Appeal by plaintiff from trial judge’s decision dismissing her claim for $21,000 damages against vendor. Home purchased was 100 years old and respondent was in process of converting it from duplex to single family home. Appellant visited house and made offer conditional on home inspection. Home inspector found number of concerns with drain, pipes, roof and moisture. Parties negotiated reduced price but could not reach agreement. However, appellant later made renewed offer, which was accepted. Offer indicated there were no warranties being made by respondent since appellant had opportunity to inspect home. Shortly after closing, appellant encountered problems with worsening ceiling damage and sewer backup. Her contractor opened walls and found water damage, insulation wrapped in plastic bags, unconnected water pipes and electrical problems. Appellant alleged breach of contract and negligent misrepresentation. Appellant argued trial judge erred in finding no negligent misrepresentation and gave inadequate reasons. Trial judge found that, even if misrepresentations had occurred, appellant was not induced to enter agreement so elements of tort were not made out. Appeal dismissed. Reasons adequate to permit appellate review. Trial judge set out and applied correct test. It would have been preferable for trial judge to discuss each of five misrepresentations alleged, but it was not strictly necessary for him to do so, given finding appellant was not induced. Trial judge gave several reasons for that finding appellant had inspection done, showed clear desire to buy, knew age of home, had renovation plans and made second offer despite knowledge of problems, without demanding any warranties. There was no palpable and overriding error. While appellant failed to establish fraud, respondent was not open and forthright, so not entitled to substantial indemnity costs. Appellant to pay $5,000 costs.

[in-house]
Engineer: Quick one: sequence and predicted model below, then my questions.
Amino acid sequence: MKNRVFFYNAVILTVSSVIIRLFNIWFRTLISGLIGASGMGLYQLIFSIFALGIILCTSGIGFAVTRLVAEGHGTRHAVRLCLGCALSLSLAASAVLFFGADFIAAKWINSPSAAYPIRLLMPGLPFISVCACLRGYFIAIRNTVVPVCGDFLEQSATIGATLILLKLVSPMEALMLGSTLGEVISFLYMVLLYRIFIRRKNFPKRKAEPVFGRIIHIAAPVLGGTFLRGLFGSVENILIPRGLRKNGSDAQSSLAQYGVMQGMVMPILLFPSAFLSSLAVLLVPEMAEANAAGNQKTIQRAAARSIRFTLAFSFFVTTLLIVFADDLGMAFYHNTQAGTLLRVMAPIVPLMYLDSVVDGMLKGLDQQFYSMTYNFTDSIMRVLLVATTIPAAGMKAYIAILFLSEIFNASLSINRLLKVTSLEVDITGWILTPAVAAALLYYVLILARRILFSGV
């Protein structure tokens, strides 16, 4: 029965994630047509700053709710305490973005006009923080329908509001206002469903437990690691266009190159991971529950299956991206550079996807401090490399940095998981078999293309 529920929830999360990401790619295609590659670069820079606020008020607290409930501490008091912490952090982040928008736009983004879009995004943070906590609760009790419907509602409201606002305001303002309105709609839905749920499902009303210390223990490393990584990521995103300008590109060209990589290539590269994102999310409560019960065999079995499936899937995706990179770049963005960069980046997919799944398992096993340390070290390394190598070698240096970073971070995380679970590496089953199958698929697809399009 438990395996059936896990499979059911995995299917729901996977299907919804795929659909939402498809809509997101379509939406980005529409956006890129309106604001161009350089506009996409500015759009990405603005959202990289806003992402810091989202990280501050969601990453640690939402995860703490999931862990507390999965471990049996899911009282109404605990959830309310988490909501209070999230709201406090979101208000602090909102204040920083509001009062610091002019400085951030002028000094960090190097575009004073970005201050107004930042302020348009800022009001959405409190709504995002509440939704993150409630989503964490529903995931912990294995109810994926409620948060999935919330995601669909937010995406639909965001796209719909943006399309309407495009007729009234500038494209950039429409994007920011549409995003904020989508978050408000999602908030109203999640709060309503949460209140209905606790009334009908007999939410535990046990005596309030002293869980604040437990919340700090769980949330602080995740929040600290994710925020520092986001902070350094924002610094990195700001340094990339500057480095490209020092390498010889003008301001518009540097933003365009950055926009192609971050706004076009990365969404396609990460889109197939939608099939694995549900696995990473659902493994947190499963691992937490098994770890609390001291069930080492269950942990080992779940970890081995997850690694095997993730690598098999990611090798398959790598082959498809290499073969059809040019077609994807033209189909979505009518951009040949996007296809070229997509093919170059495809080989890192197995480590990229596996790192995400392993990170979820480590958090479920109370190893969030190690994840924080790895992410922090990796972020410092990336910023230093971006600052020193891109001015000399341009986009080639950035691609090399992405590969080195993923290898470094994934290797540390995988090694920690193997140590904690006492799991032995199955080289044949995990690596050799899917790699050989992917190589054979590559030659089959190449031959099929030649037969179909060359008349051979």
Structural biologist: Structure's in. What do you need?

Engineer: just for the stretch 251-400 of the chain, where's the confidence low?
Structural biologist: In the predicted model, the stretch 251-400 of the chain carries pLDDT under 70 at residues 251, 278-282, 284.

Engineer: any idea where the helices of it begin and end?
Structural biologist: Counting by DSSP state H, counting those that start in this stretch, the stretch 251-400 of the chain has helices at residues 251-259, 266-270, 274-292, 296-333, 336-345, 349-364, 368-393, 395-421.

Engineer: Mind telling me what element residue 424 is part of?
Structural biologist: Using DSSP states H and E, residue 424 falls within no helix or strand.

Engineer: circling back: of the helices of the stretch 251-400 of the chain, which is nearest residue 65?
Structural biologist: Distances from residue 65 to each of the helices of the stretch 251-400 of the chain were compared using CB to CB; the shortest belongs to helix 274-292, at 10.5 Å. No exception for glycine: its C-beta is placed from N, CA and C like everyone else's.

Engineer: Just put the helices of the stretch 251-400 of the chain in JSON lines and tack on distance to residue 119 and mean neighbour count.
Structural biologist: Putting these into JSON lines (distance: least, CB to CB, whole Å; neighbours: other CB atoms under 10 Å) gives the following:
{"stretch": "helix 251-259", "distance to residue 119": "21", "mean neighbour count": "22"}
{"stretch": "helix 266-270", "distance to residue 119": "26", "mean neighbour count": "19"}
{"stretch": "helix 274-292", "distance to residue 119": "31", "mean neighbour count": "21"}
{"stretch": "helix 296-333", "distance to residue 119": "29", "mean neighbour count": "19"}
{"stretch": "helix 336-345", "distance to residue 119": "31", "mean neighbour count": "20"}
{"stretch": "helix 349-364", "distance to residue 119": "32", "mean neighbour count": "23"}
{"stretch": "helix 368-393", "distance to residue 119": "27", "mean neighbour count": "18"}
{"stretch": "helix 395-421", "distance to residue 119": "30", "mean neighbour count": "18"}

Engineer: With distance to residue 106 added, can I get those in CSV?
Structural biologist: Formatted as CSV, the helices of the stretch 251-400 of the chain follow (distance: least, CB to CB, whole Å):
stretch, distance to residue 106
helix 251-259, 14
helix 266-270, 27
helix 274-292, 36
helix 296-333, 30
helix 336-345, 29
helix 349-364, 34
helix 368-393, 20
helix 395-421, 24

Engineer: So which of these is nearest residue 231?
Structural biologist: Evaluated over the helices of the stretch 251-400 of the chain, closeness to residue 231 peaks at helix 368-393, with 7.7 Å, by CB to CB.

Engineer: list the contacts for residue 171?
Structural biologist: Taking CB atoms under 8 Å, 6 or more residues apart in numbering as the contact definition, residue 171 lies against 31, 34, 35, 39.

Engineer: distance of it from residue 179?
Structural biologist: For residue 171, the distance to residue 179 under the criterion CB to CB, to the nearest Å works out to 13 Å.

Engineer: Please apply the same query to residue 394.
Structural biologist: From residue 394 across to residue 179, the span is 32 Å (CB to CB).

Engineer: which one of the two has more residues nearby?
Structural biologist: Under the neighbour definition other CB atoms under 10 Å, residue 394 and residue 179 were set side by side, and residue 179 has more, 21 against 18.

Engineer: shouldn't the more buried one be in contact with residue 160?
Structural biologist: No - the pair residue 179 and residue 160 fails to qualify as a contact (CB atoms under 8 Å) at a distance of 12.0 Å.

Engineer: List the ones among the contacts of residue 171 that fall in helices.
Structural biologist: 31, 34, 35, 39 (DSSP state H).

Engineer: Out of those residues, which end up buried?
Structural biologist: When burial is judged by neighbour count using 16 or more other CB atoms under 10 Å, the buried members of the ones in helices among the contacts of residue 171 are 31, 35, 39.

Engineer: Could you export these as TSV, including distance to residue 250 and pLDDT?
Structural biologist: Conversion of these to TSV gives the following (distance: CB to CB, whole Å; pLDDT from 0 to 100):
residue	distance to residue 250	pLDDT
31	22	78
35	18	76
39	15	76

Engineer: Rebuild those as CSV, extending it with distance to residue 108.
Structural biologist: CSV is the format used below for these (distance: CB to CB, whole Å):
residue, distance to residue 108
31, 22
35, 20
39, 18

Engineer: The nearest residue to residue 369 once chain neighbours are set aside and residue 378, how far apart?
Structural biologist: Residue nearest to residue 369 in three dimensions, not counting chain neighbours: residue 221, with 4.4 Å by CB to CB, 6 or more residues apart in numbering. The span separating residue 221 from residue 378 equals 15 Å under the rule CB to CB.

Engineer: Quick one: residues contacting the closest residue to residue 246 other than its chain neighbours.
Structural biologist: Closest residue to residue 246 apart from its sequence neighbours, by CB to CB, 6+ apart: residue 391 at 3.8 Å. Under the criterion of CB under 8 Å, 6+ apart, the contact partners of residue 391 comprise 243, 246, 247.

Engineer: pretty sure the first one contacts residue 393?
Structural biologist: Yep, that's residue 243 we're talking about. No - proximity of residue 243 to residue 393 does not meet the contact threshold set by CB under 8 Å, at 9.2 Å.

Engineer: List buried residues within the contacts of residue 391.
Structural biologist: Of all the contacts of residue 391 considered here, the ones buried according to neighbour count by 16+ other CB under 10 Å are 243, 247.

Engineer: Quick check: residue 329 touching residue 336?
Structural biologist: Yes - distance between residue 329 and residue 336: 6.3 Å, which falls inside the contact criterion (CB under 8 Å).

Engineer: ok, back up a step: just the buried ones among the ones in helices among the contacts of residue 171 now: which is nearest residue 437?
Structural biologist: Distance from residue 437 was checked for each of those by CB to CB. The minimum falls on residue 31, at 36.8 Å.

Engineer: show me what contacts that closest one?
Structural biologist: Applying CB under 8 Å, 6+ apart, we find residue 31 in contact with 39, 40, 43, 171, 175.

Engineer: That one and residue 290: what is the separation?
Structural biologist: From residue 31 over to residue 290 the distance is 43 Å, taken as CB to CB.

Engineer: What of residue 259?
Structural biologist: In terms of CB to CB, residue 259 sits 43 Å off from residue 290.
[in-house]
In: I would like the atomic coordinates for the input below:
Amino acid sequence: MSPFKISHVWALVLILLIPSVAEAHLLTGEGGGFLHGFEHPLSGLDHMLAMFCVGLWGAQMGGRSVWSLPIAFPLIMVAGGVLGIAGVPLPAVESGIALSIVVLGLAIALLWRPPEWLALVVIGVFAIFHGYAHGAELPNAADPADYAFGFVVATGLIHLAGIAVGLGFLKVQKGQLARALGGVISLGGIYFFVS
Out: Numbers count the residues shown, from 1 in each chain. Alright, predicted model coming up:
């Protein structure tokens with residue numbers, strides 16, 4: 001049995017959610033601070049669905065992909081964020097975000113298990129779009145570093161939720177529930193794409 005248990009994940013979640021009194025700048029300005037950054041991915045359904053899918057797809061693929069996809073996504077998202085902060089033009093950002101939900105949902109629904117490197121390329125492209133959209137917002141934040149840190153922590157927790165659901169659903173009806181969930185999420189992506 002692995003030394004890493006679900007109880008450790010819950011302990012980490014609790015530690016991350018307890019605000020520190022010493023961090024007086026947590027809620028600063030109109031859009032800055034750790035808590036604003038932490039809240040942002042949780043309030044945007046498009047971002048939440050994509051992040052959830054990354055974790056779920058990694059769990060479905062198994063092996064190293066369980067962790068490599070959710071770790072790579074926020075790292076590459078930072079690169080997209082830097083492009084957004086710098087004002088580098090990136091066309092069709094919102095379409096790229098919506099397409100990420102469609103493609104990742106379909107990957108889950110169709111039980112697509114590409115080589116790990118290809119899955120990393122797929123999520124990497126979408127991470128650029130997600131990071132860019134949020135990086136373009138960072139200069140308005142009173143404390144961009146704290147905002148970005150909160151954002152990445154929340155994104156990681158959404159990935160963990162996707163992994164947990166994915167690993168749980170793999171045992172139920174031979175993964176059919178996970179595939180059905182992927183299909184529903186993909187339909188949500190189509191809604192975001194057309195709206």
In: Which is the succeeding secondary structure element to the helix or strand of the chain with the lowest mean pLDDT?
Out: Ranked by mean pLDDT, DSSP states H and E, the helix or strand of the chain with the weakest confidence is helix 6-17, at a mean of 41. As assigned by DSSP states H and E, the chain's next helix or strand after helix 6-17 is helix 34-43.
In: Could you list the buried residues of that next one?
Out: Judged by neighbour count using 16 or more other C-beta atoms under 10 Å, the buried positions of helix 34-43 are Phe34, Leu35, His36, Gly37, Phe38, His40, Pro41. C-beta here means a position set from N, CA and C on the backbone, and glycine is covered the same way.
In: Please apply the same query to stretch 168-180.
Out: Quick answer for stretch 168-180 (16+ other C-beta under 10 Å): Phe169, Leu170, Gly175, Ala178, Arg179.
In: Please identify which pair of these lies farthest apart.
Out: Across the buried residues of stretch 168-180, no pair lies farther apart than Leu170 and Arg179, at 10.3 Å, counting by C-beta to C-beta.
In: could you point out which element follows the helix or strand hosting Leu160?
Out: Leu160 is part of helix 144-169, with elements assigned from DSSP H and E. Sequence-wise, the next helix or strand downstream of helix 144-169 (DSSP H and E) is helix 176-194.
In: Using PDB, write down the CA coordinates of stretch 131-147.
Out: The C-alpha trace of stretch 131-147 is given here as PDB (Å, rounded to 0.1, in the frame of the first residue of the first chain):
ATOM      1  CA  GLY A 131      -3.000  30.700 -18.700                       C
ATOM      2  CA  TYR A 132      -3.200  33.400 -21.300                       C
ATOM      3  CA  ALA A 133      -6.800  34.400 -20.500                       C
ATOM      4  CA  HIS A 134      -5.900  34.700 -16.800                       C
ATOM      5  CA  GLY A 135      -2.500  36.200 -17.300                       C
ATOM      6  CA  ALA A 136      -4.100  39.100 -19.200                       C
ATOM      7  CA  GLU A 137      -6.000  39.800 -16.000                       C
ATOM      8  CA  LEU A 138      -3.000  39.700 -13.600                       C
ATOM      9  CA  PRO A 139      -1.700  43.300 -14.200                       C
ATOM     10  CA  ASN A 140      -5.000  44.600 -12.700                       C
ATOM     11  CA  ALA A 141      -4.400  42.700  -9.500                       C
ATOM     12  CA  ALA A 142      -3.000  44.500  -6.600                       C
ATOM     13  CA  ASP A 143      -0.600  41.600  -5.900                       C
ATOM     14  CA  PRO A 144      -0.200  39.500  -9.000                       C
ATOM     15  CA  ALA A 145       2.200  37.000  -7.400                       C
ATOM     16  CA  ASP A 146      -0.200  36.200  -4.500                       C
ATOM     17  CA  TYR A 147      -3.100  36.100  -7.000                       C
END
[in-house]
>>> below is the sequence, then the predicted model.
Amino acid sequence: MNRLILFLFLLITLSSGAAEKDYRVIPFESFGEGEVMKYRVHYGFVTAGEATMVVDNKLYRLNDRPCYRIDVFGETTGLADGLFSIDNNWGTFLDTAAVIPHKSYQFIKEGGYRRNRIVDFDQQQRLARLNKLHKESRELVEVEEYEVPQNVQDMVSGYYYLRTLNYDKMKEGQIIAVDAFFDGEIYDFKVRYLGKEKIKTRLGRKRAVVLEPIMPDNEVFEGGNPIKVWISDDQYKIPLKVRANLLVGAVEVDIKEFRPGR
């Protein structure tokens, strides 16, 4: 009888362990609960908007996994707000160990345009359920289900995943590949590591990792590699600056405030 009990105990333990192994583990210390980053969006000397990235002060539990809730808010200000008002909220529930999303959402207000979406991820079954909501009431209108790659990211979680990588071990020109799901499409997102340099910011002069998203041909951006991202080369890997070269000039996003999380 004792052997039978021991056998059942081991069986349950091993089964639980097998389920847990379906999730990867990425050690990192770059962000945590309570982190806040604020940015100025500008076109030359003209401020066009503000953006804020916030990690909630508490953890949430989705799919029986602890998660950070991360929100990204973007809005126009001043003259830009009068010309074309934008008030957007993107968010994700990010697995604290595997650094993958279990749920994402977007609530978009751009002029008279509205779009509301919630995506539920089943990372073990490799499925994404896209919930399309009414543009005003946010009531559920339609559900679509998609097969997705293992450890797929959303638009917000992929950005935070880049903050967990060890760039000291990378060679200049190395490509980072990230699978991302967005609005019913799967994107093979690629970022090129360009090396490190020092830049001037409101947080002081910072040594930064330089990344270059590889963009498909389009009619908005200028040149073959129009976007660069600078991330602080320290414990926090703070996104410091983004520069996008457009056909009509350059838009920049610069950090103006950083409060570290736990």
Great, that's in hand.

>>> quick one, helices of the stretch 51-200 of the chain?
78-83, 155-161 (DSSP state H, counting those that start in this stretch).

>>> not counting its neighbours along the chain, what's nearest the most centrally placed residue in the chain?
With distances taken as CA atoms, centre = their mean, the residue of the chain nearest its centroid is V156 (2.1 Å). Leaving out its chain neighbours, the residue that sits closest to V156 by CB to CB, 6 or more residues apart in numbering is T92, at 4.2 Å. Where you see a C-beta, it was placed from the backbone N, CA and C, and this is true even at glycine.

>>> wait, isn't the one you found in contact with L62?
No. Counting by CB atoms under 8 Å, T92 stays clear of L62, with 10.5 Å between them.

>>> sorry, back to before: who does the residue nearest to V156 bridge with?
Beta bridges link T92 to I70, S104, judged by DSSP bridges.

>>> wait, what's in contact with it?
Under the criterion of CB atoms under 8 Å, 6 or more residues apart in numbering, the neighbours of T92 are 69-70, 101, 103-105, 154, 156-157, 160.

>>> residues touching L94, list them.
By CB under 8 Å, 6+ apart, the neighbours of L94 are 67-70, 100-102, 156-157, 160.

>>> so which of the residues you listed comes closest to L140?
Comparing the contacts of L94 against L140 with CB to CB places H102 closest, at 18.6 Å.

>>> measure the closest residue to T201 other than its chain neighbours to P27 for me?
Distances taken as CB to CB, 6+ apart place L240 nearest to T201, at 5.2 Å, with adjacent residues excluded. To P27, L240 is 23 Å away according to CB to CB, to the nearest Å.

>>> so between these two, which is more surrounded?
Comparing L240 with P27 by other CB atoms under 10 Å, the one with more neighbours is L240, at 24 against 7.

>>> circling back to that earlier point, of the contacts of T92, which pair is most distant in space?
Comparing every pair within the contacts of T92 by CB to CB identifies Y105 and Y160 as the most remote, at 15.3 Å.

Annis v. Barbieri (Nov. 19, 2012, Ont. S.C.J. (Div. Ct.), Swinton J., File No. 401/11) 222 A.C.W.S. (3d) 849.